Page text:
The judiciary – not the government – should determine whether online content is censored, argues Amitabh Lal Das, the India general counsel of Yahoo!
India’s constitution guarantees the fundamental right to freedom of speech and expression limited only by reasonable restrictions. However, questions about such freedom were raised by the media recently when the Indian government attempted to impose censorship on the internet. The government was reportedly unhappy about caricatures and cartoons of some of its members. It demanded that internet companies that provide platforms for public comments ensure that such caricatures never appear on their websites. Reports say the same action was later extended to content on the internet that could hurt religious sensibilities.
Of course, everyone who visits Indian social media websites saw the caricatures of the politicians but no one aside from those who typed in keywords to search specifically, deliberately and intently for anti-religious content came across a deluge of material devoted to religious hatred.
The government’s sudden urge to censor came hot on the heels of Anna Hazare’s mass protest against corruption, during which the Indian public’s mood of cynicism and disenchantment with their political leaders was strongly felt. It also came in the wake of the Arab Spring. Some analysts have therefore speculated that the move was a knee-jerk reaction driven by the government’s insecurity as it watched other governments totter under internet-fuelled revolutions.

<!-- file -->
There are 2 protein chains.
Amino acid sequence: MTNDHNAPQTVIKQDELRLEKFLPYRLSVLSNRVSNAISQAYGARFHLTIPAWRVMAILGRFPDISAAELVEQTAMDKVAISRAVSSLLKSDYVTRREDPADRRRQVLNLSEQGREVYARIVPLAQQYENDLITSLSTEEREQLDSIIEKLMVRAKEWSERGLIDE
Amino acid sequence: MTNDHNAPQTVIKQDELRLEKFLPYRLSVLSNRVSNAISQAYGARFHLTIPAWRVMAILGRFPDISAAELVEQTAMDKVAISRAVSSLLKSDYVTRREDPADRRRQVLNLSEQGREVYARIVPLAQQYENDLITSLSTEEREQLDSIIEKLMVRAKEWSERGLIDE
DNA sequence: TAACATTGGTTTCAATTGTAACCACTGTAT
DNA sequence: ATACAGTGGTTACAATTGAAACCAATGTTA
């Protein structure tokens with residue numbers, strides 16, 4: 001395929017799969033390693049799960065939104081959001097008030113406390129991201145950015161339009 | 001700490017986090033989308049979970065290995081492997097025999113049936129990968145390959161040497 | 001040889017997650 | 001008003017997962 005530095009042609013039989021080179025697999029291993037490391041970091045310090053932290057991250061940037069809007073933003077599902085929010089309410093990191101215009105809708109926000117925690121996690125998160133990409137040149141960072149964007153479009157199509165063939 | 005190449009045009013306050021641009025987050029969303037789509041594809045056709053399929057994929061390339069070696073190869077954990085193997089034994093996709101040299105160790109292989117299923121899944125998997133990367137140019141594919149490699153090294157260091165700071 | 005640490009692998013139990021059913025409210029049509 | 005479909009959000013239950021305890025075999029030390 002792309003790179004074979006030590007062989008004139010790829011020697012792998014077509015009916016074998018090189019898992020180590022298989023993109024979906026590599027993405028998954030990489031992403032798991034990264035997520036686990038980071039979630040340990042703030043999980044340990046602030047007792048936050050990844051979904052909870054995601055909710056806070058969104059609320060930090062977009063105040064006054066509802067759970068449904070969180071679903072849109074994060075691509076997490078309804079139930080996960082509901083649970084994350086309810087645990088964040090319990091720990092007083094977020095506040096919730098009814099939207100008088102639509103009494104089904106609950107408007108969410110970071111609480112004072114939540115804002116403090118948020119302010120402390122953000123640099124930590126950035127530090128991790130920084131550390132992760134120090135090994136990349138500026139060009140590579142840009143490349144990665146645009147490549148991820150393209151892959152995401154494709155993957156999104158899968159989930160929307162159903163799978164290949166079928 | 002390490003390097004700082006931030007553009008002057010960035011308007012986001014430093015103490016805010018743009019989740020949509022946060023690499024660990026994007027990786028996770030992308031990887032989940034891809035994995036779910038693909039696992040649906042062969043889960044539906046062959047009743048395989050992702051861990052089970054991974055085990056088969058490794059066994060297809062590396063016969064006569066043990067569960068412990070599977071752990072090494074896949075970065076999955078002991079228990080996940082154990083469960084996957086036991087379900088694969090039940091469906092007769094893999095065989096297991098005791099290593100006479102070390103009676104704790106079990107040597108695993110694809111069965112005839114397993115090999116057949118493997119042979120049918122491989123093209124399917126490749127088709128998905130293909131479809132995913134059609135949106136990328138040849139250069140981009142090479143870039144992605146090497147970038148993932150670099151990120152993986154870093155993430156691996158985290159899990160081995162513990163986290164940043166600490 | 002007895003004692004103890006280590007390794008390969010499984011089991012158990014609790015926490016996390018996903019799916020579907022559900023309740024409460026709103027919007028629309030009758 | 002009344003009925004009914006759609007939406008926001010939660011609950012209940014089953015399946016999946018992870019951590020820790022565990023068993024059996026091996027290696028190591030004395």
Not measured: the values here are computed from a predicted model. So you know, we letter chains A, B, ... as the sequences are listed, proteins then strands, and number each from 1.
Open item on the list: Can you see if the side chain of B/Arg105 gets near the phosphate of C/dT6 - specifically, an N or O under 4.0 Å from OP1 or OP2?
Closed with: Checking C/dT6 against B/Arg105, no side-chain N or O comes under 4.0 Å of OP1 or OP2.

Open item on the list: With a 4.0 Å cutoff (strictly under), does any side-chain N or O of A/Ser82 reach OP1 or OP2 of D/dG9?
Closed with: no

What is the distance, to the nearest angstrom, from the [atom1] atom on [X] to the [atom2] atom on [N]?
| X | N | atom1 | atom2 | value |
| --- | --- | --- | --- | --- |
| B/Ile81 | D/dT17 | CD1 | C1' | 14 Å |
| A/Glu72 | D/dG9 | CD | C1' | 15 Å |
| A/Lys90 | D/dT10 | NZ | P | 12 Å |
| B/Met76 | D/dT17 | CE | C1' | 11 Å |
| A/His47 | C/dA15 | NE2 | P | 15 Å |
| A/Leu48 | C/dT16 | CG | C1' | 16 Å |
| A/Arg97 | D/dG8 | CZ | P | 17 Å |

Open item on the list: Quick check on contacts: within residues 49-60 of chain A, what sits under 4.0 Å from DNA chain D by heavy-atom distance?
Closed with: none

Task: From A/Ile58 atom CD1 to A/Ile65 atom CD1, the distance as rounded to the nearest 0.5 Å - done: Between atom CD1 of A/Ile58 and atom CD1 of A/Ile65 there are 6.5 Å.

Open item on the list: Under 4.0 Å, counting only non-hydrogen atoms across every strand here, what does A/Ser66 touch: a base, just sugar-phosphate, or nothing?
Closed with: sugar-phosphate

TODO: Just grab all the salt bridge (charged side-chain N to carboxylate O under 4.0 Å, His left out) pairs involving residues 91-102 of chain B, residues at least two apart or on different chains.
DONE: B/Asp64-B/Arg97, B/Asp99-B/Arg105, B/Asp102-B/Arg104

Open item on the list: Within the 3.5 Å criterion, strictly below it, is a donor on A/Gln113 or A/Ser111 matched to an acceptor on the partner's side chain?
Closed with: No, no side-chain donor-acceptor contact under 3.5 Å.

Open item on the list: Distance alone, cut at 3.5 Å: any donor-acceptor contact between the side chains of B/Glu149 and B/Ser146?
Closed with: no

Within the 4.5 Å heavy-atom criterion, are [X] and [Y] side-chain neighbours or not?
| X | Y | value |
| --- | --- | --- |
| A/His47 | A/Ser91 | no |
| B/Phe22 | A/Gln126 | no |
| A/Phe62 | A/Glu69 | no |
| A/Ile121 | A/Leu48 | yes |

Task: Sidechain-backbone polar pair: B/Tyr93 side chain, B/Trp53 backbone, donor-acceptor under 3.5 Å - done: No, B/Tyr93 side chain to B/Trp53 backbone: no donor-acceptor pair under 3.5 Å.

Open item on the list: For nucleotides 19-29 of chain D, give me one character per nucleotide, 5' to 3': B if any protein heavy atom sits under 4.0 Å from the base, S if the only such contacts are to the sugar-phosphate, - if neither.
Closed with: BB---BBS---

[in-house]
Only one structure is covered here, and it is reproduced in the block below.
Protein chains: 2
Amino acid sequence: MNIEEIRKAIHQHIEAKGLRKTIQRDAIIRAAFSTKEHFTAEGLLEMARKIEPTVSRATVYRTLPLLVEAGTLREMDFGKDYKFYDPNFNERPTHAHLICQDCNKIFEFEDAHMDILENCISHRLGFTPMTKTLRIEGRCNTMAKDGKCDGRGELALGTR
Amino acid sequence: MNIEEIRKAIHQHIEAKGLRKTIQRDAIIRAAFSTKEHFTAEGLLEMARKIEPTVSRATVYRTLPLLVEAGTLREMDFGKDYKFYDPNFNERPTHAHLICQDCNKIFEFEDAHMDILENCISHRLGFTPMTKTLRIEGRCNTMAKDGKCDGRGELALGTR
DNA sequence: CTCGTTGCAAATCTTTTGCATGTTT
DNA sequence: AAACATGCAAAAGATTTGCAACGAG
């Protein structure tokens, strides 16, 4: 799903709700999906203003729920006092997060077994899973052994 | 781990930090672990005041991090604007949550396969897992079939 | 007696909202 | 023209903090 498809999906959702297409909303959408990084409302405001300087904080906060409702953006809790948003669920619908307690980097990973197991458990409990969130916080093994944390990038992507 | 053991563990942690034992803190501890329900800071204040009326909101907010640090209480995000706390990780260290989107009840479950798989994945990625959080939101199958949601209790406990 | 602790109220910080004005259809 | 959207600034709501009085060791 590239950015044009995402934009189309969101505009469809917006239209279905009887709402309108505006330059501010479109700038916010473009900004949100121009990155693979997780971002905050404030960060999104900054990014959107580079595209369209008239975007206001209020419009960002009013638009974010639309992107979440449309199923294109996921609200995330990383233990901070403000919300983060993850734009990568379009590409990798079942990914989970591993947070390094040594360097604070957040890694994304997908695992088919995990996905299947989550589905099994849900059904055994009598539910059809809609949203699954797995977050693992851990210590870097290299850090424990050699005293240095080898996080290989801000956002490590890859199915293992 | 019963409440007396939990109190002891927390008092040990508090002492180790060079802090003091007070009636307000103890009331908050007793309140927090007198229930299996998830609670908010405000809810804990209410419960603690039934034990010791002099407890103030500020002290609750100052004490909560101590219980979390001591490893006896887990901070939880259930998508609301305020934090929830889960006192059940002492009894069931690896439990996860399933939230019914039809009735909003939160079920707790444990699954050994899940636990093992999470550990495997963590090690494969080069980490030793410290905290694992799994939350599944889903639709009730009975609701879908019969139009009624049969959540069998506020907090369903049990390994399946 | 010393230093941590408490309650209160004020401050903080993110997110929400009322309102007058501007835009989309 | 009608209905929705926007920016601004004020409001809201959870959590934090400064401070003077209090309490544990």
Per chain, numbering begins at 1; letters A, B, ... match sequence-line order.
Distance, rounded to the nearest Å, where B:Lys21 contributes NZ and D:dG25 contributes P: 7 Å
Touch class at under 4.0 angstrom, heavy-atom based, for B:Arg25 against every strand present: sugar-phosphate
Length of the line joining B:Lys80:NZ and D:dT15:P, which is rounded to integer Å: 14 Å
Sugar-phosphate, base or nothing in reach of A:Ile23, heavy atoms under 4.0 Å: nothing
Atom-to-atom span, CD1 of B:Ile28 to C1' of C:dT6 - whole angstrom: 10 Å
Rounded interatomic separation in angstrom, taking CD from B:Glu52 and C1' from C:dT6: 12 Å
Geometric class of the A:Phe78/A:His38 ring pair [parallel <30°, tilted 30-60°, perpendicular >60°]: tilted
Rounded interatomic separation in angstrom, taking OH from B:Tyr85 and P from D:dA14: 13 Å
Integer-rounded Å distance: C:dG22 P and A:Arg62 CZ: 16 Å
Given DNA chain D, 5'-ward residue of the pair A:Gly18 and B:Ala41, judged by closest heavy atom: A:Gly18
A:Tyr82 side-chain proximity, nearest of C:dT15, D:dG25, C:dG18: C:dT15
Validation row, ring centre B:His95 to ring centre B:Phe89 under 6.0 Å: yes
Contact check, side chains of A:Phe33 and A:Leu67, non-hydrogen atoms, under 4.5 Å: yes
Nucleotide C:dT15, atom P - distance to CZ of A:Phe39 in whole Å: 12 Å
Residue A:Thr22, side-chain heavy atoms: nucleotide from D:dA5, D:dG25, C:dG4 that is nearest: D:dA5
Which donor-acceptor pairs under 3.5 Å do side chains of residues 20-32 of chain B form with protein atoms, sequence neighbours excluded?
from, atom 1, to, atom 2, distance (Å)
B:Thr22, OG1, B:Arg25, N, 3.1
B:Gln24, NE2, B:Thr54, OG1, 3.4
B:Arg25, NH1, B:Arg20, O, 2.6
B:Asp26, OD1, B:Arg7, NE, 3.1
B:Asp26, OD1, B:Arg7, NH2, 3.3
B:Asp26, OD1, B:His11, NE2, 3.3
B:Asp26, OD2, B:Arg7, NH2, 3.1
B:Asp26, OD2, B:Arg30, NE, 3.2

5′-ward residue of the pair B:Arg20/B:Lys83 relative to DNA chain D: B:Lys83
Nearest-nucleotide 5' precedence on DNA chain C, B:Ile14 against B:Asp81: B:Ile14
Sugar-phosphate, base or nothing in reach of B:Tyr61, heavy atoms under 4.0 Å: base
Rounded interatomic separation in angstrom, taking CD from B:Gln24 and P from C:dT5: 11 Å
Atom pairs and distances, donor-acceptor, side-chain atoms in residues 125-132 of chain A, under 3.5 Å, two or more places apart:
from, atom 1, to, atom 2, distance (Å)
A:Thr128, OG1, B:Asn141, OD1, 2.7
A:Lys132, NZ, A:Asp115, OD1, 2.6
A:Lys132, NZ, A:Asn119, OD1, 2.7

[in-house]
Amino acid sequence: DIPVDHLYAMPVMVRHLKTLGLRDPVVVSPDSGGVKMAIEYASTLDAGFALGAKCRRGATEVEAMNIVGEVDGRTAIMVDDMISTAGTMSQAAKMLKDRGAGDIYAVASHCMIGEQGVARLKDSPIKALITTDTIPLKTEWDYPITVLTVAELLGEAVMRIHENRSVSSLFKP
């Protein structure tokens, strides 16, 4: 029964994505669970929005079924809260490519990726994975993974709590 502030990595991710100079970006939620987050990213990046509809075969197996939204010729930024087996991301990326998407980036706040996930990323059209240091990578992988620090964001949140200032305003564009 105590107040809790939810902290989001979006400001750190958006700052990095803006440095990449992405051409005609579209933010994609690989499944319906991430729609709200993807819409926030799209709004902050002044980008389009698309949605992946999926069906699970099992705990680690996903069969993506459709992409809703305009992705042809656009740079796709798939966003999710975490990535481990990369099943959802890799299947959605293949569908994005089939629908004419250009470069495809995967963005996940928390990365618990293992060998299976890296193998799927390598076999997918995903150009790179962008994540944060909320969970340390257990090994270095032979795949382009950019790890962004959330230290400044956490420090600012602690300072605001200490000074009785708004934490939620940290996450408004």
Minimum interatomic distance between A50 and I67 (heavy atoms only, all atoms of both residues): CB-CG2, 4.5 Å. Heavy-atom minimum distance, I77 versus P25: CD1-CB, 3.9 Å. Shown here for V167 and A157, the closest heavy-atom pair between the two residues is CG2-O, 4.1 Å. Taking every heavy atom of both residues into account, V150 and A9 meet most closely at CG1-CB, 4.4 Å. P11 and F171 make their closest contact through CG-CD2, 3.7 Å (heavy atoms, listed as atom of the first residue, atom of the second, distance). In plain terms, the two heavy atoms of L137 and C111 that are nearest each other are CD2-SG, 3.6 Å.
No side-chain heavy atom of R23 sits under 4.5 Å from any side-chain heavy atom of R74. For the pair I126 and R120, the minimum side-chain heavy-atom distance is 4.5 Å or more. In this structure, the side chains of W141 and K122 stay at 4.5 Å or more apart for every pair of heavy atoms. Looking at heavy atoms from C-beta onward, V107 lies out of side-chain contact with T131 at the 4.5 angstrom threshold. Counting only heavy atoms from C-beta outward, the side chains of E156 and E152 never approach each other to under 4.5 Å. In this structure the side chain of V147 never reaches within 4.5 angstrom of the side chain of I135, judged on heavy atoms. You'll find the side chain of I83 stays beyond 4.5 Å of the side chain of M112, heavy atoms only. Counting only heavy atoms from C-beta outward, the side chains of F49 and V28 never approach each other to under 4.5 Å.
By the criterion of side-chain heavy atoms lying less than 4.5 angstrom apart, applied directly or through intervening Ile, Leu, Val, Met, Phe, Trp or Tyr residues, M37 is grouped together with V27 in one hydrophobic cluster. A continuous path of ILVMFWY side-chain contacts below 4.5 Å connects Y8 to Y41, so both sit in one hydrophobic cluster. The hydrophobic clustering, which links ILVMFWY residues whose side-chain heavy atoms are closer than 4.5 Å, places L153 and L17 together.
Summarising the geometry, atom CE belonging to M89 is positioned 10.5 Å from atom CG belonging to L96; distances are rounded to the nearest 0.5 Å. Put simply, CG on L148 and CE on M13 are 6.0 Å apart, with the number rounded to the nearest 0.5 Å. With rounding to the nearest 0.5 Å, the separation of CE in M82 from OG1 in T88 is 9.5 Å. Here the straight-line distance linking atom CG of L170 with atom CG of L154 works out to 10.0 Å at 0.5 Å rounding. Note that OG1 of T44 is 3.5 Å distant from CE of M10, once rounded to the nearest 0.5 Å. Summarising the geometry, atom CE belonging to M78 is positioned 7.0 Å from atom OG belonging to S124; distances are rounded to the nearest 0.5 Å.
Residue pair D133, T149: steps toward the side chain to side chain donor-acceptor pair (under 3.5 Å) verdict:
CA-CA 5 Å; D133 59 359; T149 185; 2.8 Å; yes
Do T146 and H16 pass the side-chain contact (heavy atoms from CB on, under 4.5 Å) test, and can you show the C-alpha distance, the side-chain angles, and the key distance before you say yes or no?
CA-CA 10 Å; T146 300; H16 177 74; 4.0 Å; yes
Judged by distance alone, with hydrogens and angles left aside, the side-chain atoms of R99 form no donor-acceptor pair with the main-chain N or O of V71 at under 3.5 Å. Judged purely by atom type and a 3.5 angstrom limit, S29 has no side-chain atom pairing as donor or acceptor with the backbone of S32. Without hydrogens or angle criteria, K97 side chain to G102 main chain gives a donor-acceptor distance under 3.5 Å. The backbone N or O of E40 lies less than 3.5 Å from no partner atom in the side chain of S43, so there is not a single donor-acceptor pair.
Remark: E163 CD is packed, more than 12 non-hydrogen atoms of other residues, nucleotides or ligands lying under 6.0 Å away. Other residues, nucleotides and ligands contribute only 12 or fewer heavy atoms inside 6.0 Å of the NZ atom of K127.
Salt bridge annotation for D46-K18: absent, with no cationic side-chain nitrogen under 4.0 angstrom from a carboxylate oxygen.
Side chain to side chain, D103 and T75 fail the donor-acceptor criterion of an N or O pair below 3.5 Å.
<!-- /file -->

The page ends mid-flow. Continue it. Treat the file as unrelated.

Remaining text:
But perhaps more important than the motivation behind the move is the question of whether in asking for content screening, the government has acted outside of the country’s legal framework. India’s laws on defamation, obscenity, etc., are not black and white. For example, some observers perceive artist MF Hussain’s paintings to be obscene even though Delhi High Court has ruled otherwise. Anyone and everyone will have their own interpretation and thus judicial application of mind is required to form a responsible judgment that reflects the norms of society. In that light, whether cartoons are defamatory is neither for the government nor for a website owner to decide. In the absence of judicial determination, any governmental effort to place curbs on such content would amount to censorship.
The logical question, therefore, is, if judicial determination is required, does the government have any locus to assume power or take steps to prevent the publication of such content online? So far, it has used section 79 of the Information Technology Act and rules thereunder to force websites to remove content. Section 79 is a safe harbour provision, protecting intermediaries against liability for third-party content. It states that intermediaries are not liable for third-party information, data, or communication links made available or hosted if they fulfil certain conditions. These include limiting their services to provide access to a communication system, not initiating transmission, not choosing recipients or modifying contents of transmission, and observing due diligence and guidelines prescribed by the central government.